- Baby Non-Food Products
- Baking/Cooking Staples
- Household Products
- Kitchen Products
- Paper Products
- Personal Care
- Pet Products
- RESEARCH & AWARDS
Wellness-oriented shoppers are becoming a more potent buying power. Experts describe how to best attract, and merchandise to, the sector.
Consumers’ interest in creating healthier lifestyles is having a major impact on food merchandising. A wide cross-section of shoppers are seeking meals that are nutritionally sound and good tasting, and they are visiting a wide variety of venues-including the refrigerated section of supermarkets.
Two experts describe the state of the market and how refrigerated food retailers can best attract the increasingly lucrative health-and-wellness customer base.
Laurie Demeritt is president of The Hartman Group Inc., a Bellevue, Wash.-based health and wellness market research and consulting firm.
Kim Kircherr is a corporate dietician for the Jewel-Osco, Hornbacher’s, Shop ’n Save, Save-a-Lot and Supervalu Pharmacies divisions of Edens Prairie, Minn.-based supermarket operator Supervalu Inc.
PLBuyer : How are shoppers’ attitudes about health and wellness changing?
Demeritt: It is an ongoing change that has been occurring over the last 10 years. Consumers are seeking to have a higher quality of life for a longer time. And their behavior hasn’t abated during the recession. More are still making healthy choices.
PLBuyer : What steps can retailers take to attract these health-oriented shoppers?
Kircherr: We’re communicating to consumers via social media and through store signage. The goal is to help create awareness of how to build a balanced meal. The Jewel-Osco Facebook page, for instance, has recipes for healthier eating. I also tweet information on quick or easy meal solutions. It’s a fun way to message, open a dialogue and get people excited for actionable steps. We also have shelf tags in stores that direct people to the Jewel-Osco Website where they can click on a healthy eating tab.
PLBuyer : What is driving shopper interest in healthier refrigerated foods?
Demeritt: The triggers are different for each demographic segment but activity is occurring among all groups. Baby boomers, for instance, are getting older and they want to take better care of themselves. Younger women who are pregnant with their first child say that they want to take good care of the child and to be around for them. And for many in the younger generation, healthy food equals quality.
PLBuyer : How do many wellness-oriented shoppers perceive refrigerated selections?
Demeritt: They see the items as being fresher and less processed than shelf-stable foods, and the perimeter as healthier than the center store. For example, soy milk for many years languished in the center store. But it spread to the mainstream after it was moved to the refrigerated section where it was seen as healthier and fresher. Consumers say refrigerated is top of mind with other fresh categories for wellness and the center store is not.
PLBuyer : How popular are refrigerated items that carry the natural and organic monikers?
Demeritt: The designations are not compelling anymore to consumers. Other attributes, such as the products being locally sourced and seasonal, are becoming more important. There is more of an emotional connection by saying how a product was grown and where it was raised. Local also symbolizes freshness because users know the product did not sit in a truck for three days as it was brought in from another part of the country. That is important to consumers.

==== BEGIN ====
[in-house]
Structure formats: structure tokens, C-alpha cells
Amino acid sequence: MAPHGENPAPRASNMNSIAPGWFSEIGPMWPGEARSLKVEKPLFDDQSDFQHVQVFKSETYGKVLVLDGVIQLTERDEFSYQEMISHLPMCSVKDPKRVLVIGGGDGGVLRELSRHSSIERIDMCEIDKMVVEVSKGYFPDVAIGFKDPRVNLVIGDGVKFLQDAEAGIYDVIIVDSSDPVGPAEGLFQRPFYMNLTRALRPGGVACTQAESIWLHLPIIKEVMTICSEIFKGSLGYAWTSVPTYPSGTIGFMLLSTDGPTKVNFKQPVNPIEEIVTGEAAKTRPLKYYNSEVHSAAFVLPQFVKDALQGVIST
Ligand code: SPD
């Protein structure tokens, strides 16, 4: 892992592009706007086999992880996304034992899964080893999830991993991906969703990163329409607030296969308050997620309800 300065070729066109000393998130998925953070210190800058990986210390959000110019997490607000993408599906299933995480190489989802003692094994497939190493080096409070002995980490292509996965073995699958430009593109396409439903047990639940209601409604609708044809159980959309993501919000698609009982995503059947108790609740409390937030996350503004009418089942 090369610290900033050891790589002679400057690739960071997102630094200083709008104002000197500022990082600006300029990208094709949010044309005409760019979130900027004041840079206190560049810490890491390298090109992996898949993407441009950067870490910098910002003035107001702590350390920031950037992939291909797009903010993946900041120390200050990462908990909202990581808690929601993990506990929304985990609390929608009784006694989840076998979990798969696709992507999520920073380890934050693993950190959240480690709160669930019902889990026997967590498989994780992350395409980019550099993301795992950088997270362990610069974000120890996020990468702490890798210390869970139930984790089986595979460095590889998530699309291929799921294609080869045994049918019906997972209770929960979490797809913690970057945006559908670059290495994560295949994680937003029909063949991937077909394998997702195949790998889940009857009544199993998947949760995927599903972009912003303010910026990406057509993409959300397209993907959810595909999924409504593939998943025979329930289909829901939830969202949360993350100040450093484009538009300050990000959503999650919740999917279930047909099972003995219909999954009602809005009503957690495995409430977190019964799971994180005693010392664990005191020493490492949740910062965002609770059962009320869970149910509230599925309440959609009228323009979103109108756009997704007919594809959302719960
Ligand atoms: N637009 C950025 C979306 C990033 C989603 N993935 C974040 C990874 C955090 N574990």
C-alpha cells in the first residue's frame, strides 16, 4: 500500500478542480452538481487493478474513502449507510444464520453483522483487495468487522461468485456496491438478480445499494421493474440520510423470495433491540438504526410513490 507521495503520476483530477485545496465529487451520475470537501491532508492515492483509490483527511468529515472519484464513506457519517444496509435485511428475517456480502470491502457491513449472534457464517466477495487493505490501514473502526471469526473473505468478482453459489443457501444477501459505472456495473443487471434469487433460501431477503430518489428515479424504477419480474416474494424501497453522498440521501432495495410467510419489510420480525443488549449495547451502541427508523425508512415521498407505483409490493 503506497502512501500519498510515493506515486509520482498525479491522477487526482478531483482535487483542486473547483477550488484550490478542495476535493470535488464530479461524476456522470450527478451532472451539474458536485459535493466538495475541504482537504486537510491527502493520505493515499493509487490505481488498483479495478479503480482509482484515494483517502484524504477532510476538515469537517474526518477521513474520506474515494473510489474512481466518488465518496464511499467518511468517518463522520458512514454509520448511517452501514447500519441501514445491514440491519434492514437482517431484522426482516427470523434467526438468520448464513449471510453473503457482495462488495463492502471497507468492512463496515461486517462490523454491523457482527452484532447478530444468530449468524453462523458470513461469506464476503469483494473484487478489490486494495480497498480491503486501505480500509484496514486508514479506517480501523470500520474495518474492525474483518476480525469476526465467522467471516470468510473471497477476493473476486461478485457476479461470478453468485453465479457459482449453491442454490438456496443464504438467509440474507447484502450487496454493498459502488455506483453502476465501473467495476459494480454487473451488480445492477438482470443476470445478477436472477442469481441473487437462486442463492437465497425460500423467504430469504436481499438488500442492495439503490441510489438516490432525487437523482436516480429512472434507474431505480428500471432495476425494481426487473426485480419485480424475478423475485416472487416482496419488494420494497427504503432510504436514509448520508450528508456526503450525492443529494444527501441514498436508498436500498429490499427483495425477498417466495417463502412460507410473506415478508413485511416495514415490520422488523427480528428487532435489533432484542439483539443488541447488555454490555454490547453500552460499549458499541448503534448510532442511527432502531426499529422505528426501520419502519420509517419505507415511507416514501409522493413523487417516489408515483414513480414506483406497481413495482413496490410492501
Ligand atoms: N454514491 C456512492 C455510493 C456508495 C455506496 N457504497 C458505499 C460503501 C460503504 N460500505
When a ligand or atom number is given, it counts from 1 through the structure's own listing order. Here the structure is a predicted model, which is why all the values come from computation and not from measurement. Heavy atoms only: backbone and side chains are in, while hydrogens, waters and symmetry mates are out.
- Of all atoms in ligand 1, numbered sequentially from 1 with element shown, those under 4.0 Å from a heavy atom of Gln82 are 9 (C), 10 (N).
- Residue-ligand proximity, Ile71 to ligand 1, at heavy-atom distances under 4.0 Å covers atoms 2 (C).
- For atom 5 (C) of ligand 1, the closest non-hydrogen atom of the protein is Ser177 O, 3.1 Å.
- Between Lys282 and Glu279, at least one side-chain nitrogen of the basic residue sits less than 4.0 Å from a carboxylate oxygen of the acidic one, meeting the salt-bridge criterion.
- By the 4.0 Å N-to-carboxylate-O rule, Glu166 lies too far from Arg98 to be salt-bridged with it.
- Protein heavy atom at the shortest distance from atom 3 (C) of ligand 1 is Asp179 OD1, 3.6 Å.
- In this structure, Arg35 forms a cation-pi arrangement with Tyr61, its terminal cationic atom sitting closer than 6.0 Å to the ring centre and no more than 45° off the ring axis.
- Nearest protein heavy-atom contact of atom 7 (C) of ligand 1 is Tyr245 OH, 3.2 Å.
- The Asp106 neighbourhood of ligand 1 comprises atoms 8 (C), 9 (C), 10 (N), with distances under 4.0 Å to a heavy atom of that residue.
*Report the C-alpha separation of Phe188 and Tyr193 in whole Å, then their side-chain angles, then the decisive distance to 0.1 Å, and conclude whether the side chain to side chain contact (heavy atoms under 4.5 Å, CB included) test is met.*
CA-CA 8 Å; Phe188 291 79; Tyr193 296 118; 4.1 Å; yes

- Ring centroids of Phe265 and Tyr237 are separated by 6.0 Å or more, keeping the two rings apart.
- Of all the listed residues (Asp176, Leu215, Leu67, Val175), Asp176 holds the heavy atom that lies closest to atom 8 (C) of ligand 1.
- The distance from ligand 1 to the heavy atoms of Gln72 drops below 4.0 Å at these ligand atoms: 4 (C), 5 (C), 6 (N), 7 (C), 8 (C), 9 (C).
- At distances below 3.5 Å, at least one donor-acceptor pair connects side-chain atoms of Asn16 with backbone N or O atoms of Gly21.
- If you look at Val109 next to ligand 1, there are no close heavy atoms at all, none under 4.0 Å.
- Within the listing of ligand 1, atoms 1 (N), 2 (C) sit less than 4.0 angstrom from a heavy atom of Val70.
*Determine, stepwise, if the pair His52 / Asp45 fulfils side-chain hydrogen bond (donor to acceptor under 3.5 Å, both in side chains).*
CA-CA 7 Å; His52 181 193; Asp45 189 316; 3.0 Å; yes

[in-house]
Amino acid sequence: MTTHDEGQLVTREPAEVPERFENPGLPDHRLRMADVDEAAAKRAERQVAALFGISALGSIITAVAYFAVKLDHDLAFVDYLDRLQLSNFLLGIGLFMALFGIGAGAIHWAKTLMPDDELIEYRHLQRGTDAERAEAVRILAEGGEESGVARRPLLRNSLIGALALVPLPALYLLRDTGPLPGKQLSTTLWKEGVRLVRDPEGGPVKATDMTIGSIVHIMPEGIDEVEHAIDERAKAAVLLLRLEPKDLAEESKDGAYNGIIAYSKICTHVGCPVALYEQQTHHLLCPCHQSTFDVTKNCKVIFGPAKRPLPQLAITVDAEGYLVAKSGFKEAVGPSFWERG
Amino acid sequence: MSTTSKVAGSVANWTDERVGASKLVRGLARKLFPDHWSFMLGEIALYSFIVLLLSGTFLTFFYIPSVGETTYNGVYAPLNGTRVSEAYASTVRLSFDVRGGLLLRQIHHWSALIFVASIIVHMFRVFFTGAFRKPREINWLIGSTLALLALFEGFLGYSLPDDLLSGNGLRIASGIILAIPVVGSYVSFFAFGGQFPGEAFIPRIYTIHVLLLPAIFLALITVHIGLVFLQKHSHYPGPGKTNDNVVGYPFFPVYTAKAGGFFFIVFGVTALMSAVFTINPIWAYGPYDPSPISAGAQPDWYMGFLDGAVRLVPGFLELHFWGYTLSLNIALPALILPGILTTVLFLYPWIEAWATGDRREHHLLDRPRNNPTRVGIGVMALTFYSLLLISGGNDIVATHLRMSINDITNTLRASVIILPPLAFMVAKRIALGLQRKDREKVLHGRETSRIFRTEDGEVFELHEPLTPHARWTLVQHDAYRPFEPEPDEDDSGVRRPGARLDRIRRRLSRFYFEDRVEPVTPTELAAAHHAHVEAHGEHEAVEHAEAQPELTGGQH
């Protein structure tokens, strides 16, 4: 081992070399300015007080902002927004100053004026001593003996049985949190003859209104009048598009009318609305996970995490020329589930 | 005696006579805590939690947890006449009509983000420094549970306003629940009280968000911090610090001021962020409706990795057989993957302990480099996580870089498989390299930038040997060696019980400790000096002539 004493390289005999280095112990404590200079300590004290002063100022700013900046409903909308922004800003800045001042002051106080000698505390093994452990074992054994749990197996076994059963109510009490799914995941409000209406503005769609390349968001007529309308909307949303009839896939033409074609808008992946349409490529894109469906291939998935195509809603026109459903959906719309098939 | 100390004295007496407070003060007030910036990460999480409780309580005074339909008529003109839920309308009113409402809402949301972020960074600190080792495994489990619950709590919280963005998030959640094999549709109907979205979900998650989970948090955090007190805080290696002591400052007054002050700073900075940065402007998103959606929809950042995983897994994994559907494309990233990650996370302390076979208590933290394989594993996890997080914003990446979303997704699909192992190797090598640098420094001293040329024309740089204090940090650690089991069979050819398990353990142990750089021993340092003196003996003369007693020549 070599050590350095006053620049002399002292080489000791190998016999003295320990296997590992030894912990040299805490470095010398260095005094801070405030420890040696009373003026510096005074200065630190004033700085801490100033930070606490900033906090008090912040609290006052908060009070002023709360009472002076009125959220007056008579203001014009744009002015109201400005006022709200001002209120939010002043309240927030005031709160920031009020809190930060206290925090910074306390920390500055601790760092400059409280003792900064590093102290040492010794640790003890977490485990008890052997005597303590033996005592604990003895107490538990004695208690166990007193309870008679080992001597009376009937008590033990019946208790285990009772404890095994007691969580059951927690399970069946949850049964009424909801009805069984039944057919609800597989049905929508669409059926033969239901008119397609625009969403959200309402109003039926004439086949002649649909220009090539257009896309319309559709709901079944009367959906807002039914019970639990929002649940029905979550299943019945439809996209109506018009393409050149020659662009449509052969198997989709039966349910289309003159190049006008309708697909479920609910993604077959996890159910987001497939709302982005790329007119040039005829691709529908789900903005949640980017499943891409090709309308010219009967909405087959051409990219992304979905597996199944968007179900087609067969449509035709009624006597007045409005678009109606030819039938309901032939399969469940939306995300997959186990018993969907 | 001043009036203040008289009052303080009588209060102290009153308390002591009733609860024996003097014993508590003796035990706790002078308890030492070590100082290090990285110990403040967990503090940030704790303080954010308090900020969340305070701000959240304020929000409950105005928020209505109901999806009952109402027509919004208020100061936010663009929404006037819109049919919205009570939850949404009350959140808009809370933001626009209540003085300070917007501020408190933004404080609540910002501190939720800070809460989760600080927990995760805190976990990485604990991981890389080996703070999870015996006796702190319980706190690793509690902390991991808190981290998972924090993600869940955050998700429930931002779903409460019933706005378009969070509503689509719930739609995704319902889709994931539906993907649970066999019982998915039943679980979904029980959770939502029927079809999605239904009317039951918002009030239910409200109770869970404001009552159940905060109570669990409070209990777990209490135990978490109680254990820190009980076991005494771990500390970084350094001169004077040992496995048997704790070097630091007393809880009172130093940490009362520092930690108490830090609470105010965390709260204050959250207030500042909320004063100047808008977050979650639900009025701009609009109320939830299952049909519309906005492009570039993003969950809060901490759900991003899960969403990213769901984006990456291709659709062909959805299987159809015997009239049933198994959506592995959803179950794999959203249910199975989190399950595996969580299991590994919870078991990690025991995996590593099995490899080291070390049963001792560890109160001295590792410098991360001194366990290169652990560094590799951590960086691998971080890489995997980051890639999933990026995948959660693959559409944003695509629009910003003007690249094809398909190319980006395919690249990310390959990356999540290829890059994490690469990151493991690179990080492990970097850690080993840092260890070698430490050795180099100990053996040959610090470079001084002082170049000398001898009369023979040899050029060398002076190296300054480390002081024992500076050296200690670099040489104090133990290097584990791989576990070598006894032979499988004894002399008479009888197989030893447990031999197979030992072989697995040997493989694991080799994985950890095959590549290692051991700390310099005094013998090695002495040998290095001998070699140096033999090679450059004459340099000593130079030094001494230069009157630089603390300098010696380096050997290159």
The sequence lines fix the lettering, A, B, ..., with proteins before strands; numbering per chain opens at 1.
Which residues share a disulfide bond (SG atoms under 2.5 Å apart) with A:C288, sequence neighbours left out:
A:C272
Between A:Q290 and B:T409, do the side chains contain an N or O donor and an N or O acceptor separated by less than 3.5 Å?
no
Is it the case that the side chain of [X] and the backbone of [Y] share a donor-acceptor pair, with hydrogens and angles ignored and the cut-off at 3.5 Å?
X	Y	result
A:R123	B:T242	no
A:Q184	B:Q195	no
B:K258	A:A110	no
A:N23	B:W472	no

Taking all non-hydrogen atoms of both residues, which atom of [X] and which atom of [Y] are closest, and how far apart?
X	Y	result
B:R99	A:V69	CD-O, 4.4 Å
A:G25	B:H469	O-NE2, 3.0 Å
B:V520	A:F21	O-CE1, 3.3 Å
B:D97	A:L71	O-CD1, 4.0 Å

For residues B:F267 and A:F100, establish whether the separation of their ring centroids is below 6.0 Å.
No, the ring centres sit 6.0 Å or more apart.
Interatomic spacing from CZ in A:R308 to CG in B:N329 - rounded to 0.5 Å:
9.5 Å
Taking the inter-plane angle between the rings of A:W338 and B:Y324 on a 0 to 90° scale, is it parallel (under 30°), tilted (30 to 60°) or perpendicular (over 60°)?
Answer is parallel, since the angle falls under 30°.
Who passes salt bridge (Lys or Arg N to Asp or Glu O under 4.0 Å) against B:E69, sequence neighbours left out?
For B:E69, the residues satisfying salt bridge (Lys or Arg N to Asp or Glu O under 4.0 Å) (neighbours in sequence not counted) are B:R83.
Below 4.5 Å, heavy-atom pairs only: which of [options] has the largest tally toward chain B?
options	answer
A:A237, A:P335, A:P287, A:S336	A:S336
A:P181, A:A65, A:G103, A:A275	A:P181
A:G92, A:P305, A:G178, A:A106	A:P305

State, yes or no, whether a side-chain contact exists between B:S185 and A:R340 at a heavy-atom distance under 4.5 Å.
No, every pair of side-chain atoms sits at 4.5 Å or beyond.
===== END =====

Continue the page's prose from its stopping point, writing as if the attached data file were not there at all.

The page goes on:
PLBuyer : What are the major challenges facing retailers that merchandise health-and-wellness-oriented refrigerated foods?
Demeritt: Refrigerated is a relatively new category for many wellness shoppers and it is not on their radar screen. Once they are aware of pertinent refrigerated products, it makes sense to them. The challenge is getting their attention in a chaotic shopping environment and when they are time stressed. Refrigerated is more compelling than the center store.
PLBuyer : Who does the refrigerated merchandiser compete with to attract health-oriented consumers?
Demeritt: A major competitor is the deli department where shoppers can pick up ready-to-eat prepared meals. Grocery stores also are battling with foodservice outlets. And consumers are shopping for health and wellness items at different types of outlets, including Wal-Mart, Whole Foods and farmers markets.
PLBuyer : What steps can retailers take to most effectively market refrigerated health-and-wellness offerings?
Demeritt: Few situations are cookie-cutter. There are varying levels of health and wellness shoppers. Some have just started on that journey. Others are well on their way. Many consumers want information on the products’ ingredients. Others are interested in the calorie count. But just putting up nutritional signs at the case is not enough. You need to determine who the specific customers are and then decide how to market to them.
Kircherr: People love ideas on what to do with healthier foods, such as fruits and vegetables. Some think they are less delicious than other selections or that it will take hours slaving in the kitchen to create something that tastes good. A misconception it that preparing the foods is harder than it actually is.
PLBuyer : How is consumers’ interest in health and wellness likely to evolve over the next few years?
Demeritt: There are no signs that shoppers will stop viewing healthy eating as important. Health and wellness is not a fad. It is a gradual evolution. You will be hard pressed to find a retailer who will not say health and wellness is important to them and their customers.
This story is reprinted from the November issue of PLBuyer sister publication Perishables Buyer.